You may not be able to take a sip from them, considering their water-tight structure, but Canteen style watches draw from a well of history that is certainly brimming. Well below the surface of the sea, Navy divers during WWII required tough timepieces to weather demolition missions—as well as other deep-water endeavors. Up until the second Great War wristwatches had been so new to horology that their toughened performance qualities had not been fully realized in the way they are today. There were two exceptions to this at the time regarding water resistance—brands Panerai and Radiomir. Despite these two exceptions the U.S. Government needed watches that would hold up to submersion and be manufactured en-masse. So they put out a contract, and the first water-ready Canteen watches started pouring in.
Entering the Field
The three brands that took on making water-use watches for the US Navy were Elgin, Hamilton, and Bulova. Already standing as prominent watchmakers before the 1940s, each had the resources to supply soldiers with this crucial ordinance. Predating rotating bezels and underwater chronographs, the Canteen watches issued were very basic timepieces and looked similar to infantry watches built for the US Army. However, the large hatch on the watches set them apart in terms of design. Hatch in tow—naval soldiers could carry out orders with uninterrupted underwater timekeeping. With the new technology of SCUBA (self-contained underwater breathing apparatus) making its way into the fray, it almost goes without saying that tracking time was crucial is keeping military men from being down for too long. Unfortunately, the evolution of SCUBA began pushing Canteen watches out of the running as military watches—due to the fact that they couldn’t go further down than about 49 feet at a time (more on that soon).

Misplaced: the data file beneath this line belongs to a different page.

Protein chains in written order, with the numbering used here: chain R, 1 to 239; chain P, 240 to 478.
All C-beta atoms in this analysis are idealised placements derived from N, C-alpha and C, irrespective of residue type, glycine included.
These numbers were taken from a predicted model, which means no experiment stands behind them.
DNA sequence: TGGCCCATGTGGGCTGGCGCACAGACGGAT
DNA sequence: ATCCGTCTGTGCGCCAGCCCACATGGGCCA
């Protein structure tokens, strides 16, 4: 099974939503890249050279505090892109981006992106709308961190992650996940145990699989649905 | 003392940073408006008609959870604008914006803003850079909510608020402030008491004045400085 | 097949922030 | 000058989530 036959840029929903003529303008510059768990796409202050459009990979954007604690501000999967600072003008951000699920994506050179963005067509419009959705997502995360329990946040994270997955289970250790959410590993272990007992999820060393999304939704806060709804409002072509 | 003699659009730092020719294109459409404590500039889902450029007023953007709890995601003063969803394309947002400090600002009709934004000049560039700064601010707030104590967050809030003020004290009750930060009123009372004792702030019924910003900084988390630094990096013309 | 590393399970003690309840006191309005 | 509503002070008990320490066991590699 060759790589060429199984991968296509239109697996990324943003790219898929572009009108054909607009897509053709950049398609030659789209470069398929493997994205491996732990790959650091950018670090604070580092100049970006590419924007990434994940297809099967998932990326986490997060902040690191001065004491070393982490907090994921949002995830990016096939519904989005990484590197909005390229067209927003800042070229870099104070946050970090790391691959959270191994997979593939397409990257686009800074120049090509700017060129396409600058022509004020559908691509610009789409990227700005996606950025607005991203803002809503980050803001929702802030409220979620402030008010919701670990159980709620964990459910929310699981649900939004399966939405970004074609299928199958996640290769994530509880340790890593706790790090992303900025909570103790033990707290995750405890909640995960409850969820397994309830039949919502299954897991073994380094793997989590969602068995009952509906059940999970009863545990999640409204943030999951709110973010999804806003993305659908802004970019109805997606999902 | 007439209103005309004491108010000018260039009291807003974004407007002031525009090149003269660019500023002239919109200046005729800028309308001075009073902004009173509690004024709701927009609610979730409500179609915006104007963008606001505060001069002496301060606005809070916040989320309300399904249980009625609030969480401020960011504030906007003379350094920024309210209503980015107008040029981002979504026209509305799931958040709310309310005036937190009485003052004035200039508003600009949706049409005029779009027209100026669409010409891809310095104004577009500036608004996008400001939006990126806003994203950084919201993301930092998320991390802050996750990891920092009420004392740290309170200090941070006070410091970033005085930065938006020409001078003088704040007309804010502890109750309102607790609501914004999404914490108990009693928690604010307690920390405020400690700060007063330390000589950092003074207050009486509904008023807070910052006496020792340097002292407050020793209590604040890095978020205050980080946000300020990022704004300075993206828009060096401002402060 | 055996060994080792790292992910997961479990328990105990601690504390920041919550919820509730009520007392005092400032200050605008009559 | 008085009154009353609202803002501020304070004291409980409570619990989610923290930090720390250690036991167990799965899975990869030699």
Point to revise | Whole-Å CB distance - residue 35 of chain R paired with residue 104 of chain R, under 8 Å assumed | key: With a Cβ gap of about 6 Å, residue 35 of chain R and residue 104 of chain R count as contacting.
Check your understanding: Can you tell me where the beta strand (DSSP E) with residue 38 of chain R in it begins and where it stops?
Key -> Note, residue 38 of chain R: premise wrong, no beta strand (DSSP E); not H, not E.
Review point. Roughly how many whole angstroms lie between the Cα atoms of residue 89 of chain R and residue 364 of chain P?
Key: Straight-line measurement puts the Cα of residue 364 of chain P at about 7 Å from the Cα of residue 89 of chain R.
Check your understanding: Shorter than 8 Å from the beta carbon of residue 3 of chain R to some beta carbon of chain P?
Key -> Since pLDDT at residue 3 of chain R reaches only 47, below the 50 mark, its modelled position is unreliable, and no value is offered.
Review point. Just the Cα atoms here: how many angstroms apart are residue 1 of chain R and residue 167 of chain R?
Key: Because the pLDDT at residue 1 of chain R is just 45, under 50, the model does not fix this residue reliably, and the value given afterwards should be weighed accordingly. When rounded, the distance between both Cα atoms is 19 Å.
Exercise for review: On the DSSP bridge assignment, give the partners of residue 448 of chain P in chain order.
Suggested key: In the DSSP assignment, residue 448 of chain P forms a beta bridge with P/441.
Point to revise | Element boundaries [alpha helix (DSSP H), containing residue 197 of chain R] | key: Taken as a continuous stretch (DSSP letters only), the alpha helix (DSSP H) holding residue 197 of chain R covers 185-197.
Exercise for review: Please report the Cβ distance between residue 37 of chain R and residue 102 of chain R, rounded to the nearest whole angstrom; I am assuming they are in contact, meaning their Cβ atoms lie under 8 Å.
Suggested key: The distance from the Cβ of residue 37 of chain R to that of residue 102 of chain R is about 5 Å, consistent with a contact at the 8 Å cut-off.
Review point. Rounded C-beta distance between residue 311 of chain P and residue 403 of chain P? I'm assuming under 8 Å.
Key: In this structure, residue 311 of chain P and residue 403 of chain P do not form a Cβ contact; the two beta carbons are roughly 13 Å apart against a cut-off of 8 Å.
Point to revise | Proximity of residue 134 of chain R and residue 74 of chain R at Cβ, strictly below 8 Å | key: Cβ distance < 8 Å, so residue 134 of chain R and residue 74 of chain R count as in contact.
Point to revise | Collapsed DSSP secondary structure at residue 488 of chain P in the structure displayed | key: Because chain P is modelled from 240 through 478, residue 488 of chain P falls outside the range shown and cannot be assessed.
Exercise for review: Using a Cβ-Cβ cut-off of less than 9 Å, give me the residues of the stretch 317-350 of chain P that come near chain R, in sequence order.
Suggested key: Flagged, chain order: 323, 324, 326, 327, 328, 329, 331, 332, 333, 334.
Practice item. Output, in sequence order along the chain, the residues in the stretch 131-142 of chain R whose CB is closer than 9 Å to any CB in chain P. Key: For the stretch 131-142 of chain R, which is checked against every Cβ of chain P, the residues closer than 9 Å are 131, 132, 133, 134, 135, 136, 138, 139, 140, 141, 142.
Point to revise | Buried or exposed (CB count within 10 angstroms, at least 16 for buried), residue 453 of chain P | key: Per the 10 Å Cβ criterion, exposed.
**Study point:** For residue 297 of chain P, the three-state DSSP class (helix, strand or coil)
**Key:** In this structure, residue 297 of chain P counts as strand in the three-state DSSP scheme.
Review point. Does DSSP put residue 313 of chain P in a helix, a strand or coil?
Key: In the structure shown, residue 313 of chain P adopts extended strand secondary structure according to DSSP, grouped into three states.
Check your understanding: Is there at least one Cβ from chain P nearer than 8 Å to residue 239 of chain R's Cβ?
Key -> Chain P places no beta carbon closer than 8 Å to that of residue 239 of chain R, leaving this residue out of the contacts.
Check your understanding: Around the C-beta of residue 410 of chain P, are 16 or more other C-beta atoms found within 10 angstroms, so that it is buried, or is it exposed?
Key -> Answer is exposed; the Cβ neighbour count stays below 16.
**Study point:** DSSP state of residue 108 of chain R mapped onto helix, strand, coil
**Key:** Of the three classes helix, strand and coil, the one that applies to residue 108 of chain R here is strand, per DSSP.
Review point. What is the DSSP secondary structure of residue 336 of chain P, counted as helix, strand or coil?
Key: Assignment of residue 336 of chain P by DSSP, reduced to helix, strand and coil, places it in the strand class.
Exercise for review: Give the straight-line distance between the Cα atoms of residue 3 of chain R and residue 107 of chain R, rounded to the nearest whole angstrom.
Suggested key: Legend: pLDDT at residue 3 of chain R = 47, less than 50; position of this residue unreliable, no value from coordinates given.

Further specifics being accounted for, the WWII Canteen watches were built for one particular segment of the US Navy. Their specific patron/designation was the US Navy Bureau of Ships. When observed older Canteen watches will not have “Canteen” inscribed anywhere on their case or dial. They will instead read “USN Buships”, alongside the brand that built them. Because of this designation older Canteen watches from WWII can be referred to as “BuShip” or “Canteen” interchangeably.
Beyond the Canteen
Once WWII was over the watch world continued to move on. Limited commercial production on Canteen watches fizzled out due to new innovations in water resistance. As SCUBA tech was becoming more widespread, deeper-diving watches were being crafted by watchmakers around the globe. By 1961 the US Military needed Special Forces watches that were non-magnetic and could dive down to 400 feet. They called this specification “22717A”. Watches that met this updated specification came from private industries. Instead of issuing new contracts, the government began buying them in bulk from innovative private sellers.
Many WWII watches have survived, despite their abuse, because of the specifications they were built to. The Canteen is no exception. Though WWII water-watches didn’t debut any major updates or innovations to wristwatch design, they were at the forefront of new ideas in engineering. Essentially, they were built tougher than anything before. Perhaps not surprisingly, they often outrank newer timepieces in terms of longevity and durability. It would be fair to say that modern performance watches owe a lot of their standards to timepieces like the Canteen, as well as all of its military cousins. After all, if it can dive in the sea or take on the rigors of war—and keep on ticking—the watch has gotta be worth its salt.
A final note: Canteen watches can still be purchased today. Though they weren’t commercially popular after WWII their unique style is still contemporarily reproduced. So if you want a standout piece that’s a nod to history, search around for a Canteen watch. Just be sure to check the water-resistance before taking it for a dive—some are made simply for looks.
Times Ticking has been in operation for more than 30 years, since 1982. We have performed watch repair for customers both locally and internationally. If it Ticks! We KNOW it! Our team of watch repair technicians have a combined experience in watchmaking of over 120 years.